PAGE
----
My parents worked hard to help us maintain a down-to-earth view of my father and his ministry. They kept it real, doing their best to give us a normal upbringing out of the limelight so that we would have a healthy perspective on the world and our place in it. Mother and Daddy did not think of themselves as entitled. I never picked up on any sense from them that our family was owed special treatment because of the ministry. My parents simply did not think like that. It was God, not my father, who deserved attention and accolades.
Perhaps the most important decision my parents made was to bring us up in the unassuming mountain community of Montreat. Many of the citizens-like my grandparents, who spent nearly twenty-five years in China-were retired missionaries and pastors who had traveled the world, so the nature of my father's work did not seem unusual. The adults in Montreat treated us like normal children, and if they saw us misbehaving they did not gossip, but prayed for us instead. No one in Montreat ever told me that I had to live up to a particular standard just because I was Billy Graham's child.
We did know that my father's ministry was impacting people around the world. Mother traveled to Europe. Daddy's assistants and associates, our honorary "aunts" and "uncles," traveled with him. We knew our parents had tea with the Queen of England. I can remember my father golfing with President-elect John F. Kennedy. When he was vice president, Richard Nixon came to our home (I was not present). And we certainly heard about my father's interactions with dignitaries and heads of state, frequently seeing pictures of these meetings in the newspaper. But my parents did not make a big deal over their relationships with people of influence. These relationships, though valued by Mother and Daddy, were accepted as part of the work of the ministry and viewed with the understanding that God alone deserved our highest regard, not people, be they famous or otherwise.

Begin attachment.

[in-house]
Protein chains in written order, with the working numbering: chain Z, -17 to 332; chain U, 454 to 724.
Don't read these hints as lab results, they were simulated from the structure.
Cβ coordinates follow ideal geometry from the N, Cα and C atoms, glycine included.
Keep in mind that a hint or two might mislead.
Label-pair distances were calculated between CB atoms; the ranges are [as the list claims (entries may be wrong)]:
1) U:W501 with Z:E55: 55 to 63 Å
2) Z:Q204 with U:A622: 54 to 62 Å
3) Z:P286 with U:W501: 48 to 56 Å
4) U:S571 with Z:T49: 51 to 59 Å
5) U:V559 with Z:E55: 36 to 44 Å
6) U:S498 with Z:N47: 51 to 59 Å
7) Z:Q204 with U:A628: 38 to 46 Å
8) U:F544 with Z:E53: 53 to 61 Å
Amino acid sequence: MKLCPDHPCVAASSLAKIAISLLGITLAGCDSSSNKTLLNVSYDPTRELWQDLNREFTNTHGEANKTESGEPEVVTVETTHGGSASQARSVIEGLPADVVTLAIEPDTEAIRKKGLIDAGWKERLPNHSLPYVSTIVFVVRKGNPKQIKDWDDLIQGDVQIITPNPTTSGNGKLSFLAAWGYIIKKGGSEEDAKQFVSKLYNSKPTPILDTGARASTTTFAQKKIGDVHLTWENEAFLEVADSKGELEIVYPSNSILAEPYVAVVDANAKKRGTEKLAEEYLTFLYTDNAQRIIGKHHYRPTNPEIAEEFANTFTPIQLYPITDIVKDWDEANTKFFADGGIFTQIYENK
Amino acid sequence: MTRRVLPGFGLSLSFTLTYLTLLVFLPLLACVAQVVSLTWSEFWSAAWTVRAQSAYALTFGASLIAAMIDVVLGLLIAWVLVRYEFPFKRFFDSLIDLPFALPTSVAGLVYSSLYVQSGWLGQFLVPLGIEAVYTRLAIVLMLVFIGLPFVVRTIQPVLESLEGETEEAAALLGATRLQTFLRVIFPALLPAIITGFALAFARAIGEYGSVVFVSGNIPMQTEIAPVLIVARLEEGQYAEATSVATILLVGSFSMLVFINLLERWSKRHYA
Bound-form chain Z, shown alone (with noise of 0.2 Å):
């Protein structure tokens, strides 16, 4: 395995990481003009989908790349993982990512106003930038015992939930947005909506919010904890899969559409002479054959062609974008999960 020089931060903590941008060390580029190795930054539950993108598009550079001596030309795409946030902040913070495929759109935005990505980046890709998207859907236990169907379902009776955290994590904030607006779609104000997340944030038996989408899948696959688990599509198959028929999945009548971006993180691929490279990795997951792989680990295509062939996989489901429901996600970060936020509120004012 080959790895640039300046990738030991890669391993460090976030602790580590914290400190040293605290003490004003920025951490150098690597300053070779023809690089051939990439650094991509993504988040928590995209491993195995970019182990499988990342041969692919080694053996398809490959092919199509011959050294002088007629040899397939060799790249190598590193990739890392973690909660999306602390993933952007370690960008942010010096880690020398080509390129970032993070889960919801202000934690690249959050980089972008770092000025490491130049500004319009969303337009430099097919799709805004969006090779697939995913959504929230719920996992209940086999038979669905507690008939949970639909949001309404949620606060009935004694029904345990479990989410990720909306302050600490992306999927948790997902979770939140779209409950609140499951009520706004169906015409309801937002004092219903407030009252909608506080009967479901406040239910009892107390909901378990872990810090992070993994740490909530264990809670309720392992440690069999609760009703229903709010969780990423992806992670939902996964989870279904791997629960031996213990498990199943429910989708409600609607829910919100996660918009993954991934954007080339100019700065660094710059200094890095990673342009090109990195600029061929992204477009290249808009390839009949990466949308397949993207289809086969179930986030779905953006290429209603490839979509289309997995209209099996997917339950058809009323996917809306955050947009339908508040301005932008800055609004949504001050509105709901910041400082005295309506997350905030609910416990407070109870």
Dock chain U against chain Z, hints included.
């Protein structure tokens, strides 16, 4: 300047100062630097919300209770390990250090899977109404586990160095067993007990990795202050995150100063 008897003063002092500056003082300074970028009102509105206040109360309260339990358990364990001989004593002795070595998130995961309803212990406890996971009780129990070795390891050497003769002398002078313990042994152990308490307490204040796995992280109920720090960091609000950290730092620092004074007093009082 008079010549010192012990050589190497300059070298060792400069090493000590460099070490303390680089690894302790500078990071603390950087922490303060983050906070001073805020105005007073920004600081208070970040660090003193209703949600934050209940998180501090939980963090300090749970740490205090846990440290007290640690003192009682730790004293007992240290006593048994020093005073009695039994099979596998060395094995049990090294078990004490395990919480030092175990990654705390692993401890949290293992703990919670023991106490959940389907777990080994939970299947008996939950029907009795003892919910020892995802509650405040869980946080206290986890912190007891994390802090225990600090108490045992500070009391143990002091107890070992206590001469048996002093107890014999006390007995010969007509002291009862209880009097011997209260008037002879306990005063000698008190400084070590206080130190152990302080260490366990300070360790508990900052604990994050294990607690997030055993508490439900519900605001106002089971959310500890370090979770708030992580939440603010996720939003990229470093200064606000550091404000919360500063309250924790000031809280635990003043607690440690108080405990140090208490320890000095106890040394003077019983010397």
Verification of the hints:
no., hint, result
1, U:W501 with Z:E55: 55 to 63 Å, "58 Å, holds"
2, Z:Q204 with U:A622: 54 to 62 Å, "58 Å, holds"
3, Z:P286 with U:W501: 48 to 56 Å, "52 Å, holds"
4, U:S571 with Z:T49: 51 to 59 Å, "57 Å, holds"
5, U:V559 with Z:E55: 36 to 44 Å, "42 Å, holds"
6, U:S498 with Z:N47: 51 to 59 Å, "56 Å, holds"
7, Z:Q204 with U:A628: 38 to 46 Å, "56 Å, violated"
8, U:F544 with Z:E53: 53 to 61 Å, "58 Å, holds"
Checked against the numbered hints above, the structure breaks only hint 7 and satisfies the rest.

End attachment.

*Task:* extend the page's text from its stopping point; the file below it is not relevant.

Seeing Daddy's World
Mother used to say that Daddy taking his family to his evangelistic meetings was like a general taking his family to battle, so we attended very few of my father's crusades as we were growing up. I remember going to the 1957 New York crusade at age six and being overwhelmed by the enormous crowds. Later, as a teenager, I attended the 1966 and '67 London meetings. We would arrive at each night's event by car with Mother or a staff person and park in a designated area. Though we remained anonymous, we sat in special seating, often with special guests, and prayed for those around us when Daddy gave the invitation. I loved the excitement, but it was only after I got married that I traveled to my father's meetings with any regularity, sometimes working as a counselor; at other times sitting anonymously in the crowd to support and pray for those going forward to receive Christ.
My father did try to include us in his work in other ways. He wrote us wonderful letters-individual and group letters-from wherever he happened to be preaching, giving us a window into his world.
"It is wonderful to be back in London again, seeing so many friends and seeing so many people that received Christ when we were here last June," he wrote in 1966, before I joined him for the crusade in that city. "Last night the Royal Albert Hall, seating nearly 7,000 was packed to capacity, with the converts of last June's Crusade. What a thrilling, joyous sight. How they sang! While I was preaching the Word to them I felt like they were little birds in the nest opening their mouths and taking in the food that was being offered."
In a quick handwritten note jotted to me from Switzerland later that year, Daddy, as he often did, asked me to pray for the work: "We are on the way to Berlin for a Crusade that begins on Oct. 16," he wrote, "and a World Congress on Evangelism that begins on Oct. 25-Please pray for both these important events."